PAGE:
Yes, I am counting the days since my last blogpost. Oh dear, it is definitely more than a count of 5 as the print above may suggest. Sorry for the looooonnnnnnnggggg delay. I just get caught up with daily life on both sides of the ocean, and, well…time passes. The above panorama was created using the Orkney woodcut technique over the past number of months and I am finally and proudly showing it off. Yes, it is for a future book and is already a set of birthday cards! New arrivals in my family may have something to do with the subject matter!
Since my last post, I have taught two workshops at the https:WoodstockSchoolofArt.com in February 2022 and I just finished one at the start of November. The November workshop was three days and that allowed time to create our own barens for printing in the manner I have developed as, the Orkney Woodcut way, a version of the Provincetown print.
Making an Orkney Baren
To make an Orkney baren, you need a nicely rounded stone that fits well in the palm of your hand that you know you will want to use to create pressure for your hand-pulled print.
Each felted stone has its unique colouring. We used fleece from the seaweed eating sheep of North Ronaldsay, Orkney.
All subjects can be used for a successful print. From teapots, to flowers, trees and more, this process is simply just fun! I am currently working on trademarking this word PRAINTING. Yes, this process combines the joy of painting with the unexpected thrills that come from printing. It is a divine monoprint that you have a lot more control over.
Four of my original woodblock prints are framed and on exhibit with other instructors from the Woodstock School Art. The Lockwood Gallery is hosting this exhibition. Purchased paintings help support the School.
This above abstract is the second print version from a block that I carved last summer as one of the artists in residence at the https://NessofBrodgar.com which is a highly important active Neolithic excavation in Orkney. My inspiration was the way some puddles on certain stones interacted with the reflection of the earthy colours all around. I then embellished the print on the paper, with marks similar to those found at the site. The result is an abstract. The only other person who can trace the shapes and nuances back to the dig, is the site director, Nick Card. I suppose my colour choices makes this abstraction a bit mid-century modern in feel.
The other images are landscapes from sunset vistas and mountains, fields of farms, to winter scenes and ice patterns on a lake or loch. Whether in Orkney, Scotland or the Catskill Mountains, my inspiration is the same. Undulating hills and sky often punctuated by the moon or sun, is my constant joy to paint, print or “praint!” Curator, Alan Goolman, has really arranged the show well. I am honoured to have my prints in the same small gallery space as Kate McGloughlin whose landscapes of the hills around the Ashokan reservoir fill up the space with colour and light as well.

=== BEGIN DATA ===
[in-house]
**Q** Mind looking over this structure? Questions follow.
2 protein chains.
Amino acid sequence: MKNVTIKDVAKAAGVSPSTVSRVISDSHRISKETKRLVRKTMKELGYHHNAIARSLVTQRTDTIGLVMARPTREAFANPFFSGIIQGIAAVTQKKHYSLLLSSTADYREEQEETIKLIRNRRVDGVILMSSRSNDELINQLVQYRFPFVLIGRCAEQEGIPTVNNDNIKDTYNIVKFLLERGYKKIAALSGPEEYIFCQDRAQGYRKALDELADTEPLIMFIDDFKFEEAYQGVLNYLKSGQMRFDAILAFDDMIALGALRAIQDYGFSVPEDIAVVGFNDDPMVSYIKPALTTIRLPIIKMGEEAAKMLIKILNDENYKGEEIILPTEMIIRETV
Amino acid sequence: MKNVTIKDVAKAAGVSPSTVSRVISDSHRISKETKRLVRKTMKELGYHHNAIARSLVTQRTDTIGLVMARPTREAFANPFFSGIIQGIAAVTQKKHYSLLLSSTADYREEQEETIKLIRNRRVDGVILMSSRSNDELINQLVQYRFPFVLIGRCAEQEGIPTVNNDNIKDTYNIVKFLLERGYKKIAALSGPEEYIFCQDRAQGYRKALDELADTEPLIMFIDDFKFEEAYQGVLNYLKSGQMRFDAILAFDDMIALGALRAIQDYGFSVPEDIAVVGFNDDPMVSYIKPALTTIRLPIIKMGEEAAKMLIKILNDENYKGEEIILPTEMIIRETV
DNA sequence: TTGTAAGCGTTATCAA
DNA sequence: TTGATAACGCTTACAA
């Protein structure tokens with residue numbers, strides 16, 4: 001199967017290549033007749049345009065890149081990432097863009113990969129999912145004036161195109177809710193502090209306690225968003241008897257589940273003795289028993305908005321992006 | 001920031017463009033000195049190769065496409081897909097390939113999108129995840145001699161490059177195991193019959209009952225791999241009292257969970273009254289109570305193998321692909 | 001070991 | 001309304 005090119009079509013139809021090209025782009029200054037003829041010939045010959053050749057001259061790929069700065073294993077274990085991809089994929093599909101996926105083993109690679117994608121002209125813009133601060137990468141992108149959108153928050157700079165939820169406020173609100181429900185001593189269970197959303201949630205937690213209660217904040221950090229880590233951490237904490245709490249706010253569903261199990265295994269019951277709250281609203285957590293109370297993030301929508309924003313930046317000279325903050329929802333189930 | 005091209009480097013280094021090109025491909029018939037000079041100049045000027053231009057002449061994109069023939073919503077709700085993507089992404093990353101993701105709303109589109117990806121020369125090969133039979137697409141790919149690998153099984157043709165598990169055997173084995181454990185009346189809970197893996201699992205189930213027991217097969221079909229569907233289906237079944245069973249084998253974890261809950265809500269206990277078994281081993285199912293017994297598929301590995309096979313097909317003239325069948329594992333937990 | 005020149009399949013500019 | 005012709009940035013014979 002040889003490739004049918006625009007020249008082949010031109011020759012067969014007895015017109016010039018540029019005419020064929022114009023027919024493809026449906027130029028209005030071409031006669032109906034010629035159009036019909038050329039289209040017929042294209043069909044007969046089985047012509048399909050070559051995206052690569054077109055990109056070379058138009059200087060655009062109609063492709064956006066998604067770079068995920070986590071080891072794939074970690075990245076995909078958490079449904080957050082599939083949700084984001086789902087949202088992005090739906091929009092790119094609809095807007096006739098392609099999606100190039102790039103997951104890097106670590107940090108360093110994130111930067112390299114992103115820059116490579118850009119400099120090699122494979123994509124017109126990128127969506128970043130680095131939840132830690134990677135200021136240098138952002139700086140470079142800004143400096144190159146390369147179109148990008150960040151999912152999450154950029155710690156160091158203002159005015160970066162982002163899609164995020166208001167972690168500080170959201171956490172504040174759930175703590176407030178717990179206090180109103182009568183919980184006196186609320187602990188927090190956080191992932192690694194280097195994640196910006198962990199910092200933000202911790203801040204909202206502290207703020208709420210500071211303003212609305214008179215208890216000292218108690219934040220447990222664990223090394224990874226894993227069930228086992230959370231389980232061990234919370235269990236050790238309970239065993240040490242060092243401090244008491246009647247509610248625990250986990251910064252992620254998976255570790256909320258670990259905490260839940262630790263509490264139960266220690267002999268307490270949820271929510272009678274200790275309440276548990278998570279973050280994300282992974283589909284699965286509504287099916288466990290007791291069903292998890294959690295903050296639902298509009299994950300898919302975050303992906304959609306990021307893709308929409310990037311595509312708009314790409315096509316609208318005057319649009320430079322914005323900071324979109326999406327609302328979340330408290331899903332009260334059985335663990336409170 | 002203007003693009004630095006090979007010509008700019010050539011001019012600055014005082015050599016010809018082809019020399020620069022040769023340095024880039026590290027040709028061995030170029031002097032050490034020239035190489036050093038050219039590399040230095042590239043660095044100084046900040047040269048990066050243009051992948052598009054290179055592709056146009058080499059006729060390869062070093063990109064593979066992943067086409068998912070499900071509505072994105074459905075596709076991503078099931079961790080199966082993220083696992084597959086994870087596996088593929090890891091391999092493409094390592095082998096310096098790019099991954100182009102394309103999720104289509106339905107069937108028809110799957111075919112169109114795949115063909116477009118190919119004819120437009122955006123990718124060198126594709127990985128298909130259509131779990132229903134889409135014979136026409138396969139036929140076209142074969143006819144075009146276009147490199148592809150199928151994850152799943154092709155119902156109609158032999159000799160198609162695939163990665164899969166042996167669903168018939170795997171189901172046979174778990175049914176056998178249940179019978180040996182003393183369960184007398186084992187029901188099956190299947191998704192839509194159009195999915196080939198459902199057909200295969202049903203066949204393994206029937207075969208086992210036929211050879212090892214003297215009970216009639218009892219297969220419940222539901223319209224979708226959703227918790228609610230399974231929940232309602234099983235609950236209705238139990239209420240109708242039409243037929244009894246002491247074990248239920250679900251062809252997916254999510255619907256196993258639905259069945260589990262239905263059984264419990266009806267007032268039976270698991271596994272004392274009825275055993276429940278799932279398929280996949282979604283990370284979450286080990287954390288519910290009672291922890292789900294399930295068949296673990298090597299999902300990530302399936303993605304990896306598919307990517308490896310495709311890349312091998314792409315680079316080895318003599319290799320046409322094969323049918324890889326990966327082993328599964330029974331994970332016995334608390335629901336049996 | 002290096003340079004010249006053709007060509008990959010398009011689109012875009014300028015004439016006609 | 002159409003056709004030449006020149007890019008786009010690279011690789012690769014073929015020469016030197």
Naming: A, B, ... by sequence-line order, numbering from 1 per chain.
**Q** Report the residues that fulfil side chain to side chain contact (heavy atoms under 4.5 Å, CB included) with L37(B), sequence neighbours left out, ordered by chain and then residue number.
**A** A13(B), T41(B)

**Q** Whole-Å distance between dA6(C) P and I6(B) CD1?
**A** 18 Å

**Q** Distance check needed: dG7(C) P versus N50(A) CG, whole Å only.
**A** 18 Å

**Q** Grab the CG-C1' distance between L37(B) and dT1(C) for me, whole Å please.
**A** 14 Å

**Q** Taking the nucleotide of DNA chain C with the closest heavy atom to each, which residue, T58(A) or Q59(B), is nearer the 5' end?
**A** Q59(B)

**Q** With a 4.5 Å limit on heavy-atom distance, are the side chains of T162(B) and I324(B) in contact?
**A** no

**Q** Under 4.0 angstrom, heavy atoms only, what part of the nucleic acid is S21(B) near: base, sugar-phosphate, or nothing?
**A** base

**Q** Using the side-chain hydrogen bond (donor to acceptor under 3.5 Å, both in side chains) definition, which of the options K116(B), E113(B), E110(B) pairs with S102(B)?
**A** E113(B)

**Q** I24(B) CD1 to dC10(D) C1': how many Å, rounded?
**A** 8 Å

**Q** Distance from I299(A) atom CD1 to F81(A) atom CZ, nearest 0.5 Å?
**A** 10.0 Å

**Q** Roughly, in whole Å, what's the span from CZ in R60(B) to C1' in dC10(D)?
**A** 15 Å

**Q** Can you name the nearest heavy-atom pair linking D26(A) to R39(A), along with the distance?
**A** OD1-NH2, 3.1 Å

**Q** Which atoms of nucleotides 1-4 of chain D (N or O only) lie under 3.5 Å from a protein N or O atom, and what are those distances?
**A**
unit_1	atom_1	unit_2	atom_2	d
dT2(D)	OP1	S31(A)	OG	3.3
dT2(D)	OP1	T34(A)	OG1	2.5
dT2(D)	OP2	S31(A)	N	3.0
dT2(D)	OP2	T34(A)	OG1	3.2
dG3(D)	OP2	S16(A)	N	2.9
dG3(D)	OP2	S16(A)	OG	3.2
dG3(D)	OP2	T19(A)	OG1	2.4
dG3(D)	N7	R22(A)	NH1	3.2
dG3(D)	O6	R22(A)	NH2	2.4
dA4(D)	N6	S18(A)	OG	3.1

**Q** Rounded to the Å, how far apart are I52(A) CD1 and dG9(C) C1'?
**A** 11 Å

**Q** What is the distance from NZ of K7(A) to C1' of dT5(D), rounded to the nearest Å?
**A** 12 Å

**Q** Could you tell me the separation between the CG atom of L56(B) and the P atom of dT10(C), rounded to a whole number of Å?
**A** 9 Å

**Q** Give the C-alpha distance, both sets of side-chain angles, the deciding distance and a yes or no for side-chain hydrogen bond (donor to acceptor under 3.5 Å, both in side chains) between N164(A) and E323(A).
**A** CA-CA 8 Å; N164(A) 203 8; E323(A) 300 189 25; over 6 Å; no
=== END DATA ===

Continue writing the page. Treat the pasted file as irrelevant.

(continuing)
Here is a link to the Christmas exhibition at the Lockwood Gallery in the Woodstock, New York area. All work is available online. https://woodstockschoolofart.org/exhibitions/instructors-exhibit-at-lockwood-gallery-2/
I also have work on exhibit in the Christmas exhibition at the Pier Arts Centre in Stromnes, Orkney. In Orkney, I have concentrated on my watercolours.
Watercolour in Other Forms
Watercolour is also my choice medium for my 2023 calendar. You can purchase it directly from Orkney, here: https://island-to-island.scot/product-category/art-works-of-the-earth/2023-art-calendar-jeanne-bouza-rose-artist/
Well, I guess it is better late than never even when counting the days, they just fly away!!! Yes, that is me painting outside on a fairly warm day in Orkney. There is hardly any wind such that I left a canvas sitting on the ground and didn’t worry about it blowing off into the loch behind me. I am sitting painting at the Ring of Brodgar, the third largest stone circle in the UK. I made a series of small works that are so bright during this nice weather in September. This is what happens when you paint outside; the colour becomes the story.
Changes in Stromness Studio
My studio partner in Orkney, Sue Shackelton of Ginkgo Gallery, has moved south to England. I am now sharing my space with a delightful enterprise, LOLLIE and LAINE. Two local woman are both creating and retailing all sorts of wonderful giftware items to fit a budget. It is thanks to them that you can still see my art in person and purchase originals in oil and watercolour, in Stromness, in Orkney, Monday – Saturday 930-430. If you are in Orkney, go visit and see for yourself!
Hopefully, I will continue to get these blog posts out more frequently. I always find something to say and always have photos to share. I am even getting better at transferring photos from my phone onto my computer! Will wonders ever cease?
New Prints on Demand Website for Oil Paintings
Looking for a gift idea? https://jeannebouzarose.com is where you can purchase my artwork as certified giclee copies.
Have a great holiday!